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Proclamation of the Principles of Urban Planning by the Council of Ministers of the German Democratic Republic (September 15, 1950)

In the planned Socialist economy of the GDR, urban planning was entirely in the hands of the state. The GDR had suffered less wartime destruction than the Federal Republic, and it also met with a smaller influx of postwar refugees. As a result, the housing shortage there was less severe than in the West. In its basic program on urban planning from September 1950, the GDR government painted an idealized picture of a thoroughly planned city with representational buildings and spaces in the center and a ring of residential areas of mostly multi-storied buildings connected to a practical transportation network.

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1/ The city as a settlement form did not arise haphazardly. The city is the most productive and culturally rich settlement form for the communal life of human beings, something that has been shown by the experience of centuries.

In its structure and architectural shape, the city is an expression of the political life and national consciousness of the people.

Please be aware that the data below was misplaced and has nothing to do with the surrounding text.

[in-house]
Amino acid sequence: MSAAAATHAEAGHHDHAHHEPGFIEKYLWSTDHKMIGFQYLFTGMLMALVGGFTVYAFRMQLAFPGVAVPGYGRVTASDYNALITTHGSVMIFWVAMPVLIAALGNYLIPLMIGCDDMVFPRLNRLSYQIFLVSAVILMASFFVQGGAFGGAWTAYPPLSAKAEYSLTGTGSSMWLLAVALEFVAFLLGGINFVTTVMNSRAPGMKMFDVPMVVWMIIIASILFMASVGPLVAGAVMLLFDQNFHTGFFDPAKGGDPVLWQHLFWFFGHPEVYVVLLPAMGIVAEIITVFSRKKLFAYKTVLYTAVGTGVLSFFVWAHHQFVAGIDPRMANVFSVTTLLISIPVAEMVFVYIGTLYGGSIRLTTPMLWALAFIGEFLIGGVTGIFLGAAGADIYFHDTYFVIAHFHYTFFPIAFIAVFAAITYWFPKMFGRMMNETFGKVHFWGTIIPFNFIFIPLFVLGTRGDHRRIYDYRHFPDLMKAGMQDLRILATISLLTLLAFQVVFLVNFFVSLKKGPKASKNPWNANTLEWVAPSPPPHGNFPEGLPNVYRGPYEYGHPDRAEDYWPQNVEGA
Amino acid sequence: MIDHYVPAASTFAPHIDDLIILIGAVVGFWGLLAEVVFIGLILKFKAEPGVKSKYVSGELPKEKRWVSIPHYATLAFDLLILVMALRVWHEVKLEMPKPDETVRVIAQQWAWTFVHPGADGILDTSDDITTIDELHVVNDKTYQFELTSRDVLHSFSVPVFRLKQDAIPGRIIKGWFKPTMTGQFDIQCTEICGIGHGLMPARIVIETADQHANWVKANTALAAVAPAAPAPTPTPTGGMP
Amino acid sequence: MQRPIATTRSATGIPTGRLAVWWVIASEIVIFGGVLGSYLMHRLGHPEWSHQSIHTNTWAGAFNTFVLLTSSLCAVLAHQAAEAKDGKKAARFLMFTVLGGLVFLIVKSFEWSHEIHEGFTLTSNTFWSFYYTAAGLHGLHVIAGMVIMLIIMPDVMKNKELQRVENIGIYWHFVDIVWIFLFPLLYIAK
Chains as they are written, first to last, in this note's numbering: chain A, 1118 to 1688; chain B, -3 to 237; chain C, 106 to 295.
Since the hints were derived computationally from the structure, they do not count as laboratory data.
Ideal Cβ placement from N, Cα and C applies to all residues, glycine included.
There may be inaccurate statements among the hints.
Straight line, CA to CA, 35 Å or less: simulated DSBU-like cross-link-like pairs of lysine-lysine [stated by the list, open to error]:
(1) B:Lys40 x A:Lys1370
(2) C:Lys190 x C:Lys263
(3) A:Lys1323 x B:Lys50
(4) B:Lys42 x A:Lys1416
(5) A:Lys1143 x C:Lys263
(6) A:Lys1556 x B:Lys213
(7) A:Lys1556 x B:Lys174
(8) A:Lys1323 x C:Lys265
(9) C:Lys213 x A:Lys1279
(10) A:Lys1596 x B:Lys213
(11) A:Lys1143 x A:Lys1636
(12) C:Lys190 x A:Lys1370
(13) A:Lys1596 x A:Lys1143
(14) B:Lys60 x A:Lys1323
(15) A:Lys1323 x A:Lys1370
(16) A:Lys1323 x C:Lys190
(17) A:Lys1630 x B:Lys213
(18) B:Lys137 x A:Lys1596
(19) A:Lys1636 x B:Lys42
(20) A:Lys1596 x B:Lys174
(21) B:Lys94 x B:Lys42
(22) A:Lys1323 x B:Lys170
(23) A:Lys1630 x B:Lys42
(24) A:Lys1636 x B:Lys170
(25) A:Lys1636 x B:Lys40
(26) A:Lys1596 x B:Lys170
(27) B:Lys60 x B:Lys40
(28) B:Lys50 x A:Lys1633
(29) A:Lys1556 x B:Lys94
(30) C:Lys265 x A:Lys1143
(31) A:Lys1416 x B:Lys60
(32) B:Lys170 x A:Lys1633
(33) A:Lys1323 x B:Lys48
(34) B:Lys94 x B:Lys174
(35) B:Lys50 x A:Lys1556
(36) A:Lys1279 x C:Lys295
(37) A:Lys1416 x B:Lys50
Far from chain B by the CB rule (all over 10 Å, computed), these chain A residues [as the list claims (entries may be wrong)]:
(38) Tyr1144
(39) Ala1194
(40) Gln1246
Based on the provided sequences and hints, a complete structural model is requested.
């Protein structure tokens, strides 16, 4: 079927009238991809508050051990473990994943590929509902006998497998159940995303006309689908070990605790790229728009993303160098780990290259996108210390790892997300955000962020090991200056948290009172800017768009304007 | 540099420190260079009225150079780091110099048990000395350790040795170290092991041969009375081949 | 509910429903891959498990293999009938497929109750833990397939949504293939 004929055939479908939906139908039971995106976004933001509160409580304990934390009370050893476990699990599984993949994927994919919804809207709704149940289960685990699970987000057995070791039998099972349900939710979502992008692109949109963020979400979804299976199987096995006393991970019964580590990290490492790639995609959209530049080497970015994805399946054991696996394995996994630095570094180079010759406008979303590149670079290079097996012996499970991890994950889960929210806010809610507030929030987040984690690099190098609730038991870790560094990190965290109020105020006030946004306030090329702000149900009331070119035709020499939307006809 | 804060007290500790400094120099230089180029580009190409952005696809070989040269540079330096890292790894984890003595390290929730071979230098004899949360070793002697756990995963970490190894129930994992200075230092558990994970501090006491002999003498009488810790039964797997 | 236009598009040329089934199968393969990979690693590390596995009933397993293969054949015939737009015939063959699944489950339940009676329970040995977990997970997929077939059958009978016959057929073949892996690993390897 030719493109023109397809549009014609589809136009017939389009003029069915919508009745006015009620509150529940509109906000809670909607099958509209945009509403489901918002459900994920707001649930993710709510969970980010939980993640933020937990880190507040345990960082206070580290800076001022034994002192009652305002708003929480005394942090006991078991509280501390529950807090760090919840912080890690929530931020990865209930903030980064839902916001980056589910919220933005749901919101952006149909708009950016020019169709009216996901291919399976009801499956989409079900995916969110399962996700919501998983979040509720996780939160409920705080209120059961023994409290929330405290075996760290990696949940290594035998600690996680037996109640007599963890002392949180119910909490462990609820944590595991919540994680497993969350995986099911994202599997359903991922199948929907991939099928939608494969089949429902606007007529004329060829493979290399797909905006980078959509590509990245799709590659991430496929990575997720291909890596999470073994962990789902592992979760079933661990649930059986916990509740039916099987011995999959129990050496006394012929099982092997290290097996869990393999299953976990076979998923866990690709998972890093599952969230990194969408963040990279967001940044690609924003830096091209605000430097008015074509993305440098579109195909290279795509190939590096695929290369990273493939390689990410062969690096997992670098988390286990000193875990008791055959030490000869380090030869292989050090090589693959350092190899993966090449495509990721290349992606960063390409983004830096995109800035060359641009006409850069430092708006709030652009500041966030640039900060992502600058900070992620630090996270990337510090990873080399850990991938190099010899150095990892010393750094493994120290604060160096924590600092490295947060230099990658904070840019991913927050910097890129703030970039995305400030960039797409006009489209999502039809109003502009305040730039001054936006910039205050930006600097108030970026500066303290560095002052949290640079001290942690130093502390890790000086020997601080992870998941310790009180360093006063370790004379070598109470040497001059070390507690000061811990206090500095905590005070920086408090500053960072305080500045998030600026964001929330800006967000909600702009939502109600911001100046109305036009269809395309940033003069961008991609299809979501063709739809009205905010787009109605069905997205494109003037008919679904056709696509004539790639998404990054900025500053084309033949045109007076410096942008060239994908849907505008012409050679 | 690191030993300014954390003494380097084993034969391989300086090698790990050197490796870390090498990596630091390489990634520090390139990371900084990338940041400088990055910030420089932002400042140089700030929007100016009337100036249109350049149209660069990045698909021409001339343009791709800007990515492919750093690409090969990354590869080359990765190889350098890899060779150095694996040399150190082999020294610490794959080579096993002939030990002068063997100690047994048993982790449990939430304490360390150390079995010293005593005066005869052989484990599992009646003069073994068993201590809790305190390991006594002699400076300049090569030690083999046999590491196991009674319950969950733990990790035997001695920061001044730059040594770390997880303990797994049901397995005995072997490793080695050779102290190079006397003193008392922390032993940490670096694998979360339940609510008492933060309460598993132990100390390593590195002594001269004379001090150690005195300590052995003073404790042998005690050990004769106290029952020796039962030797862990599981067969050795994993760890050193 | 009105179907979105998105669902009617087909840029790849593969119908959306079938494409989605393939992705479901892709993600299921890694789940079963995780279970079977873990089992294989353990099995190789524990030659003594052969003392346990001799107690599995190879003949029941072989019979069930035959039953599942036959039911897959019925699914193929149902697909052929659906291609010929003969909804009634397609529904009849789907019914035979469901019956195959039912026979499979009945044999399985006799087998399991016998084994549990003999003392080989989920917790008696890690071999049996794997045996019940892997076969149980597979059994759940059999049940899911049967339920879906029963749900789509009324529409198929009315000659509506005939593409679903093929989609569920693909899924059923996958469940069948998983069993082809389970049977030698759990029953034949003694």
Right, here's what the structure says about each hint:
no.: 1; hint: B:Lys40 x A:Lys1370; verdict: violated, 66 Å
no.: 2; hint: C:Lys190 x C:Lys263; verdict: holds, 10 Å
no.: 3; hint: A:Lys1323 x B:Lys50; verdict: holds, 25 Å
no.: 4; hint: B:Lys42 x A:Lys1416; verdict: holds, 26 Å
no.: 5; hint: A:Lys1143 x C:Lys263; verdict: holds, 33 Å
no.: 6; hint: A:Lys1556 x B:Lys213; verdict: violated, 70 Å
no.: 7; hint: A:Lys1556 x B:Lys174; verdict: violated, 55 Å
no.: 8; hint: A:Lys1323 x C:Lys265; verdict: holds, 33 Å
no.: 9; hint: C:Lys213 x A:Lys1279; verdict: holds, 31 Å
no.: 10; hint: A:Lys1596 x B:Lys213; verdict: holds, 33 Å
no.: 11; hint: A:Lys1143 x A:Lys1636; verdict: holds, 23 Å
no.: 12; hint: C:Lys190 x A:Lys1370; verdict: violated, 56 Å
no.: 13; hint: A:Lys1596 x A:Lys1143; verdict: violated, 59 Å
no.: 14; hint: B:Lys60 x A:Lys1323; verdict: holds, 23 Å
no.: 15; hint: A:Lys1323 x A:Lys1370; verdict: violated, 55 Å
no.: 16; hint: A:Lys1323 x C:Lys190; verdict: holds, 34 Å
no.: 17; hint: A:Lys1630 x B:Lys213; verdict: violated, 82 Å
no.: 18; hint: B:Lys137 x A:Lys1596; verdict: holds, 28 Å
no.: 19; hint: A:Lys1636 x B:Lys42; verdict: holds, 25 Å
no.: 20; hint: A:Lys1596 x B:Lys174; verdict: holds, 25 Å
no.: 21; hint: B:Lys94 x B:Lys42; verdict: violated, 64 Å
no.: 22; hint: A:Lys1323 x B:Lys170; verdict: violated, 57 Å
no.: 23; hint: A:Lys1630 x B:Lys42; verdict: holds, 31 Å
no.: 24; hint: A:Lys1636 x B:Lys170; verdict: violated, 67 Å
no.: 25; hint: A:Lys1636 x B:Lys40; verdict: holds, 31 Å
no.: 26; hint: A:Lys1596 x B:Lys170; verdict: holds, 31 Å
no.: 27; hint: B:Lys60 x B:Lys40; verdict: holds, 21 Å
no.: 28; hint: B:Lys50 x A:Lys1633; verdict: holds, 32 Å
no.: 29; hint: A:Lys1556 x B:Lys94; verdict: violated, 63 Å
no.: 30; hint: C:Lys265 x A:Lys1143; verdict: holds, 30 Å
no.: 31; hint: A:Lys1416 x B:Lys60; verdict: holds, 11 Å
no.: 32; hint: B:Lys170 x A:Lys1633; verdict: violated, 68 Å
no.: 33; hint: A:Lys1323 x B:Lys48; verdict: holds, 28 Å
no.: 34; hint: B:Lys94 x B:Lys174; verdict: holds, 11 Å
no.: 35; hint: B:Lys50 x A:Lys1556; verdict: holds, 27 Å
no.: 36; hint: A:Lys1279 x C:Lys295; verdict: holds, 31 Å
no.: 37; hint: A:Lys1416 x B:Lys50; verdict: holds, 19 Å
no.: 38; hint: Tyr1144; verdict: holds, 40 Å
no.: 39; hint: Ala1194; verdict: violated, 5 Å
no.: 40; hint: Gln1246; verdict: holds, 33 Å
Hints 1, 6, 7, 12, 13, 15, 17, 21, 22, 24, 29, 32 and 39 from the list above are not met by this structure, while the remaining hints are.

2/ The goal of urban planning is to harmoniously satisfy the human entitlement to work, housing, culture, and recreation.

The principles and methods of urban planning are based on natural givens, on the social and economic foundations of the state, on the highest achievements in science, technology, and art, on the demands of profitability, and on the use of progressive elements in the cultural legacy of our nation.

3/ Cities “as such” do not arise and do not exist. To a large extent, cities are built by industry for industry. The growth of a city, the size of its population, and its geographical expanse are determined by city-forming factors, that is to say: by industry, administrative organs, and cultural sites, to the extent that they have more than local significance.

In the capital, the importance of industry as a city-forming factor takes a backseat to the importance of administrative organs and cultural sites.

Determining and affirming the city-forming factors is exclusively a government matter.

[ . . . ]

6/ The center forms the dominant core of the city.

The center of the city is the political center of the life of its population. In the city center lie the most important political, administrative, and cultural sites. The squares in the city center are the sites of political demonstrations, marches, and holiday festivities.

The center of the city is built up with the most important and most monumental buildings; it dominates the architectural composition of the city plan, and it determines the city’s architectural silhouette.

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